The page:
Theater Review: ‘The Play That Goes Wrong’ Continues to Go Right

By Jonathan Spira on 18 September 2017
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After what seemed like unending last-minute repair work to the set, a man with a posh accent spoke to the audience while simultaneously missing the spotlight. “Firstly, I would like to apologise to those of you involved in our little box-office mix-up,” he started. “I do hope the six hundred and seventeen of you affected will enjoy our little murder mystery just as much as you would have enjoyed… ‘Hamilton.’ ”

But chaos had already ensued in the orchestra section as ushers and cast members wandered about looking and calling for Winston, who the audience does not yet know is an invisible dog, while stagehands attempted to fix the fireplace’s mantel and even strove to enlist the help of a theatergoer to hold it in place.

What we were seeing here was “The Play That Goes Wrong,” which premiered above Islington’s Old Red Lion pub theatre in 2013. Reportedly, four people paid to see it. I first saw “The Play” in 2015, where my takeaway was “Never have so many laughed so hard for so long,” and enjoyed its madcap goings-on again after it crossed the pond to the Great White Way and opened in April at the Lyceum Theatre, where the audience reaction was similar.

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Now seeing it for a third time, even though I was familiar with the many calamities that would befall both cast and stage, I joined the audience in laughing from the search for Winston until the final curtain. While much of it was as in the original production, it soon became clear that there was fresh material in it as well.

As one of the show’s producer, Mark Bentley, explained to me in London, the play’s three creators, Henry Lewis, Jonathan Sayer, and Henry Shields, channeled their inner Buster Keaton, to which sentiment I’d add Lucille Ball with a touch of Dick Van Dyke. Once the pretentious production of Susie H. K. Brideswell’s “Murder at Haversham Manor” by the fictional Cornley Polytechnic Drama Society starts, everything begins to fall apart, much to the audience’s delight. Indeed, the night I attended at the performance at the Duchess Theatre, I asked Mr. Bentley whether I could photograph the cast on the set after the performance. “I don’t think the set will really be suitable for that after the performance,” he responded wryly.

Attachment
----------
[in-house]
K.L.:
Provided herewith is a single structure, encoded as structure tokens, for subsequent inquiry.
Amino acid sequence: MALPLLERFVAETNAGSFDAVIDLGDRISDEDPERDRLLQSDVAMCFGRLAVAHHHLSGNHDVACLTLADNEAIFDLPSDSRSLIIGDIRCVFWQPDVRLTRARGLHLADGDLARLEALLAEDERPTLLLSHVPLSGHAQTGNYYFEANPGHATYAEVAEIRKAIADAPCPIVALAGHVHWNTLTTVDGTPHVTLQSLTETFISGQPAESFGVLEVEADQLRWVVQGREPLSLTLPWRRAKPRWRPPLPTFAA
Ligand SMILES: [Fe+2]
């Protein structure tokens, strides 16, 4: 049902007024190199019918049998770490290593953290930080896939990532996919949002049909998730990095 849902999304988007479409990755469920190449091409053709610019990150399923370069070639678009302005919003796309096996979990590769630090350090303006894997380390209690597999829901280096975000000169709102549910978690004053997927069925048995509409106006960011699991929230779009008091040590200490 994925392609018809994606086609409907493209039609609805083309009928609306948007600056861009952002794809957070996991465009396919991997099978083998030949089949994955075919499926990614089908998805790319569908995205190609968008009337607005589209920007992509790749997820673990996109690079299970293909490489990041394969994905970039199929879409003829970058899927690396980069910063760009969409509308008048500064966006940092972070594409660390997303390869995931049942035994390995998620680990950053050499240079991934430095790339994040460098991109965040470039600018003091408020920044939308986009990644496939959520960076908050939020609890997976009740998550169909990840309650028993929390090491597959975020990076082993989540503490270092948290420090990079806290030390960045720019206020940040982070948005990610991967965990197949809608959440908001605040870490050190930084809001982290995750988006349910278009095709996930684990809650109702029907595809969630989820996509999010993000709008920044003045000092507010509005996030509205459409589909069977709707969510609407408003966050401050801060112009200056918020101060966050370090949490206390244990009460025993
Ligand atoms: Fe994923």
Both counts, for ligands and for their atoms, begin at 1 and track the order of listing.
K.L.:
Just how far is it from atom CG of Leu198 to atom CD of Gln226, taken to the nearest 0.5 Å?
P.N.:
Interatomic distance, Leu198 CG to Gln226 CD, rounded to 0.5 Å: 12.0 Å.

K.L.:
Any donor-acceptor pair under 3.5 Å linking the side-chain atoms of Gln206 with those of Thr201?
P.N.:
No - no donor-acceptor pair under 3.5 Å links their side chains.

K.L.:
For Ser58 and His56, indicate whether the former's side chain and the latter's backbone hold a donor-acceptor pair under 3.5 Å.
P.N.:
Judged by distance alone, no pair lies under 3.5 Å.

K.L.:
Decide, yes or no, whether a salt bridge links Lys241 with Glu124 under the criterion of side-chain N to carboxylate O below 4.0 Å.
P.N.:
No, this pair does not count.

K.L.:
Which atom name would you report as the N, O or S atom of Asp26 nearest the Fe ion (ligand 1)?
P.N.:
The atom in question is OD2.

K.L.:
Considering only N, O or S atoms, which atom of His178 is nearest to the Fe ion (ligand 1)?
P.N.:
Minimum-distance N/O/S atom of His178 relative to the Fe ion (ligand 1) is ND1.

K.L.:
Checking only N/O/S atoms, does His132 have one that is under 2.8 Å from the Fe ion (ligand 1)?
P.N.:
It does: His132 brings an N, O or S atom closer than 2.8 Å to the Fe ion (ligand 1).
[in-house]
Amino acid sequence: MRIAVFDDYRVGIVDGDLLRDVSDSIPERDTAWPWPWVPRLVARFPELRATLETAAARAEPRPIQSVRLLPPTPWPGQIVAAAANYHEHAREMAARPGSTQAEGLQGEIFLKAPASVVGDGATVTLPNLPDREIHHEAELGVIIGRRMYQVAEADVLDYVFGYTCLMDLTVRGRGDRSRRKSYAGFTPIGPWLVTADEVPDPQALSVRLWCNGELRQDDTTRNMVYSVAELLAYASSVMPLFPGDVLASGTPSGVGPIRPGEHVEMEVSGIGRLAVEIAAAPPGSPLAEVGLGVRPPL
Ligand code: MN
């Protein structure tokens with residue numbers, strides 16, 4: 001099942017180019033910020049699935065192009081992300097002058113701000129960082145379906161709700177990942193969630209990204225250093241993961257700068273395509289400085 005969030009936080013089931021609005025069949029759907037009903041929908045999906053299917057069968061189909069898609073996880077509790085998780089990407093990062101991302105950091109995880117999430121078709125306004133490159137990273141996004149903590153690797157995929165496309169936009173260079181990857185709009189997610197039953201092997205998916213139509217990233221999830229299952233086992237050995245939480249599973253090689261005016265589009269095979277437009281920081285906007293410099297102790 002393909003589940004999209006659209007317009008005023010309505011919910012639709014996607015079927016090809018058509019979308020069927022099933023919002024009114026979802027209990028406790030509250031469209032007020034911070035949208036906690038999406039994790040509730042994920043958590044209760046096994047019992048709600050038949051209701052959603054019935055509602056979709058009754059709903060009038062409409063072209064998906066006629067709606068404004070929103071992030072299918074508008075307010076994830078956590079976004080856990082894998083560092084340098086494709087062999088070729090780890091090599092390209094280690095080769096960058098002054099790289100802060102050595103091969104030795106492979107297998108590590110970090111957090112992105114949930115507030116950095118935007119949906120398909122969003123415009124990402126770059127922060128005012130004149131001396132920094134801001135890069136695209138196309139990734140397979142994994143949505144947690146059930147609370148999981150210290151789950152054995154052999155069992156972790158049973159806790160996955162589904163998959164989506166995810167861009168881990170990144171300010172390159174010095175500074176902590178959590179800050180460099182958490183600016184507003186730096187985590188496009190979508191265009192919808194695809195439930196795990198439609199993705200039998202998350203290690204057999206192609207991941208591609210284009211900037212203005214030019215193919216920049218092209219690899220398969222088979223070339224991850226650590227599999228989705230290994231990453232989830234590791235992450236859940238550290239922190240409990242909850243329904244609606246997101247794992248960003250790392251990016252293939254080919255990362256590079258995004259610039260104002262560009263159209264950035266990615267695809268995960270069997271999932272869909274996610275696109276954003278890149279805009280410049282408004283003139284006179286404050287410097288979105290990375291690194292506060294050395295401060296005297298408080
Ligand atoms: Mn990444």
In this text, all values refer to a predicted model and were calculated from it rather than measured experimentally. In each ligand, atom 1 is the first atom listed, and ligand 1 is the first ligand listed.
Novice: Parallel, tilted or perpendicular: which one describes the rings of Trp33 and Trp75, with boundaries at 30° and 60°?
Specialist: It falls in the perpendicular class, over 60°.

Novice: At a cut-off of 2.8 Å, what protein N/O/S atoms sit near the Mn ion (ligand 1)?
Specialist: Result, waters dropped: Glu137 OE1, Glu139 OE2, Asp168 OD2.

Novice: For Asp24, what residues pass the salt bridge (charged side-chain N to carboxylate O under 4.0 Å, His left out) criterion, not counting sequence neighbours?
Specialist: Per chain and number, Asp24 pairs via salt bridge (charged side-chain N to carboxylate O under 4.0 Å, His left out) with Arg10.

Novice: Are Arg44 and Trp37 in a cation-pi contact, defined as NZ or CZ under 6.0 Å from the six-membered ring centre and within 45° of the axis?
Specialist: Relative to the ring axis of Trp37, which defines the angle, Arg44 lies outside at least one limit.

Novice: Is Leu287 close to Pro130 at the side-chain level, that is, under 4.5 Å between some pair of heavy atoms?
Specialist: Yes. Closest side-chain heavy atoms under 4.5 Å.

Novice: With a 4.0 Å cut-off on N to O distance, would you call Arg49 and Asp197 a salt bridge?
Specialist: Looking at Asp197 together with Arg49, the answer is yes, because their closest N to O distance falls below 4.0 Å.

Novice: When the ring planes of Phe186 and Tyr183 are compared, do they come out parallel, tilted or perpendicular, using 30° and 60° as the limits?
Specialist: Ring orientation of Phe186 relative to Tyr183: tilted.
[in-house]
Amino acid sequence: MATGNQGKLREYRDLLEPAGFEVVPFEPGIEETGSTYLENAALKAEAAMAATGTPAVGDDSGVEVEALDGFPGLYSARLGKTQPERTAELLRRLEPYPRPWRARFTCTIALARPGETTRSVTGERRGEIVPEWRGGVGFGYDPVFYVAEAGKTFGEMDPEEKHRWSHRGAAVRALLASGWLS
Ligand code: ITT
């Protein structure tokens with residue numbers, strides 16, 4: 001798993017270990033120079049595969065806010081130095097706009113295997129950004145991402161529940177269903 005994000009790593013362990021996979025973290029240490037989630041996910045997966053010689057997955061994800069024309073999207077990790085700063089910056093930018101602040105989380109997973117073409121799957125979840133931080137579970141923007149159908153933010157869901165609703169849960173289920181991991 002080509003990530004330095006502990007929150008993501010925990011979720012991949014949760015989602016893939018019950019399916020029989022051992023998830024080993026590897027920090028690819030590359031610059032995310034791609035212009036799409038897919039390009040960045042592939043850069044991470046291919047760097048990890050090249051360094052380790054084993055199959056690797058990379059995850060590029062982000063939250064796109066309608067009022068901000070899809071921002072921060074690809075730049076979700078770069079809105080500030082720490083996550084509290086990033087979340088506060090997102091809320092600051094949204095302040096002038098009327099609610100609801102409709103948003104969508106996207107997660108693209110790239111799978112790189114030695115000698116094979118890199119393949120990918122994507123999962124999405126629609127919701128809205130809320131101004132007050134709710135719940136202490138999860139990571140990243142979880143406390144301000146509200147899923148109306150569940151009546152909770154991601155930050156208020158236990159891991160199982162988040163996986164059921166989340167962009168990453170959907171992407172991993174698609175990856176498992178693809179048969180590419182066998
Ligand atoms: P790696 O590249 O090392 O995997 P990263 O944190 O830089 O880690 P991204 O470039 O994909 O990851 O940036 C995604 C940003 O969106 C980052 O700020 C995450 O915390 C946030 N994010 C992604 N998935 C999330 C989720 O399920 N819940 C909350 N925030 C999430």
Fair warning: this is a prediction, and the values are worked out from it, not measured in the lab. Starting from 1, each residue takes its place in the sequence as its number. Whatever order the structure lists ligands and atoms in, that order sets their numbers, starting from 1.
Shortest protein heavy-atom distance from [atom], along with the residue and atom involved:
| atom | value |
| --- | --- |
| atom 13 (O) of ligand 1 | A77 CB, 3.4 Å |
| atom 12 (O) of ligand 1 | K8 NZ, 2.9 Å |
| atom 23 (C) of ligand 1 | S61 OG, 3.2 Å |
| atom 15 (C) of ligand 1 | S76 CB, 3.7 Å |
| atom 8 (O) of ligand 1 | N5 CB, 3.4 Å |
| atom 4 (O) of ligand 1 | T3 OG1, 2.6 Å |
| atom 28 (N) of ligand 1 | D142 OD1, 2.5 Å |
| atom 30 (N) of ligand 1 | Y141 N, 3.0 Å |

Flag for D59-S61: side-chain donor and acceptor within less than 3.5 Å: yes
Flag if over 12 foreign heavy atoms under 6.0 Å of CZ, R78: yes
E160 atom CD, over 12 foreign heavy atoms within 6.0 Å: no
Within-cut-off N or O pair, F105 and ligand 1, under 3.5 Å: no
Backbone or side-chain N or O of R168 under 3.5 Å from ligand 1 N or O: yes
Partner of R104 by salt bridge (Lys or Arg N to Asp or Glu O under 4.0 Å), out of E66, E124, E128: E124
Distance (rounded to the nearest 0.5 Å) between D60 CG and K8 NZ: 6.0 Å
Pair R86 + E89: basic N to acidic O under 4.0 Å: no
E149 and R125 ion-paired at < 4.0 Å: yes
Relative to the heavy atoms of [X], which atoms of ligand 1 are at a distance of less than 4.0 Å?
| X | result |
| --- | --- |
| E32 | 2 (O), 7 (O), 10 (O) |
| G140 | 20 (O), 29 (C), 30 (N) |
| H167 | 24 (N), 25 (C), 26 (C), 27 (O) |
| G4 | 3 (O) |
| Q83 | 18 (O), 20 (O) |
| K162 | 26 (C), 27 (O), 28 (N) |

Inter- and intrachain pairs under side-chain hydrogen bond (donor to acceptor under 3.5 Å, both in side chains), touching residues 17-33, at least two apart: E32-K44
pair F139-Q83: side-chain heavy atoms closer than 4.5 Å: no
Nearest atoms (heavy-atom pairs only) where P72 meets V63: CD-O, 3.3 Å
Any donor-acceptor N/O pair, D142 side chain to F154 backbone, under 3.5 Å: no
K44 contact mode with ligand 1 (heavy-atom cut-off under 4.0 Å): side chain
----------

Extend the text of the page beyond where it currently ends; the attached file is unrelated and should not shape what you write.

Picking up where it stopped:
(For the curious, past productions by the Society suffered from severe budget constrains, resulting in the renaming of several shows including “Two Sisters,” “The Lion and the Wardrobe,” and (best of all) “Cat.”)

While the performance is intended to look completely inept, “The Play That Goes Wrong” is an intricately choreographed train wreck with hapless thespians, mistimed sound effects, and bungled lines, a show where doors refuse to close, a corpse refuses to stay put, and the entire set, a period drawing room by Nigel Hook, is destined to break into pieces.

Pay attention as the actors, in particular Perkins, the butler, do an excellent job of mangling the Queen’s English. My two favorite Perkinisms are “cayennidday” for cyanide and “manahgrammed” for monogrammed.

Many shows crossing the pond reinvent themselves for what the show’s producers perceive a Broadway audience would want to see. With the exception of a few nods to the location (for example, “Please turn off your mobile, ahem, cell phones…”), the show remains true to its roots, although there is no poster advising theatergoers that Tom Cruise will not be appearing that evening.

(Photos: Accura Media Group)

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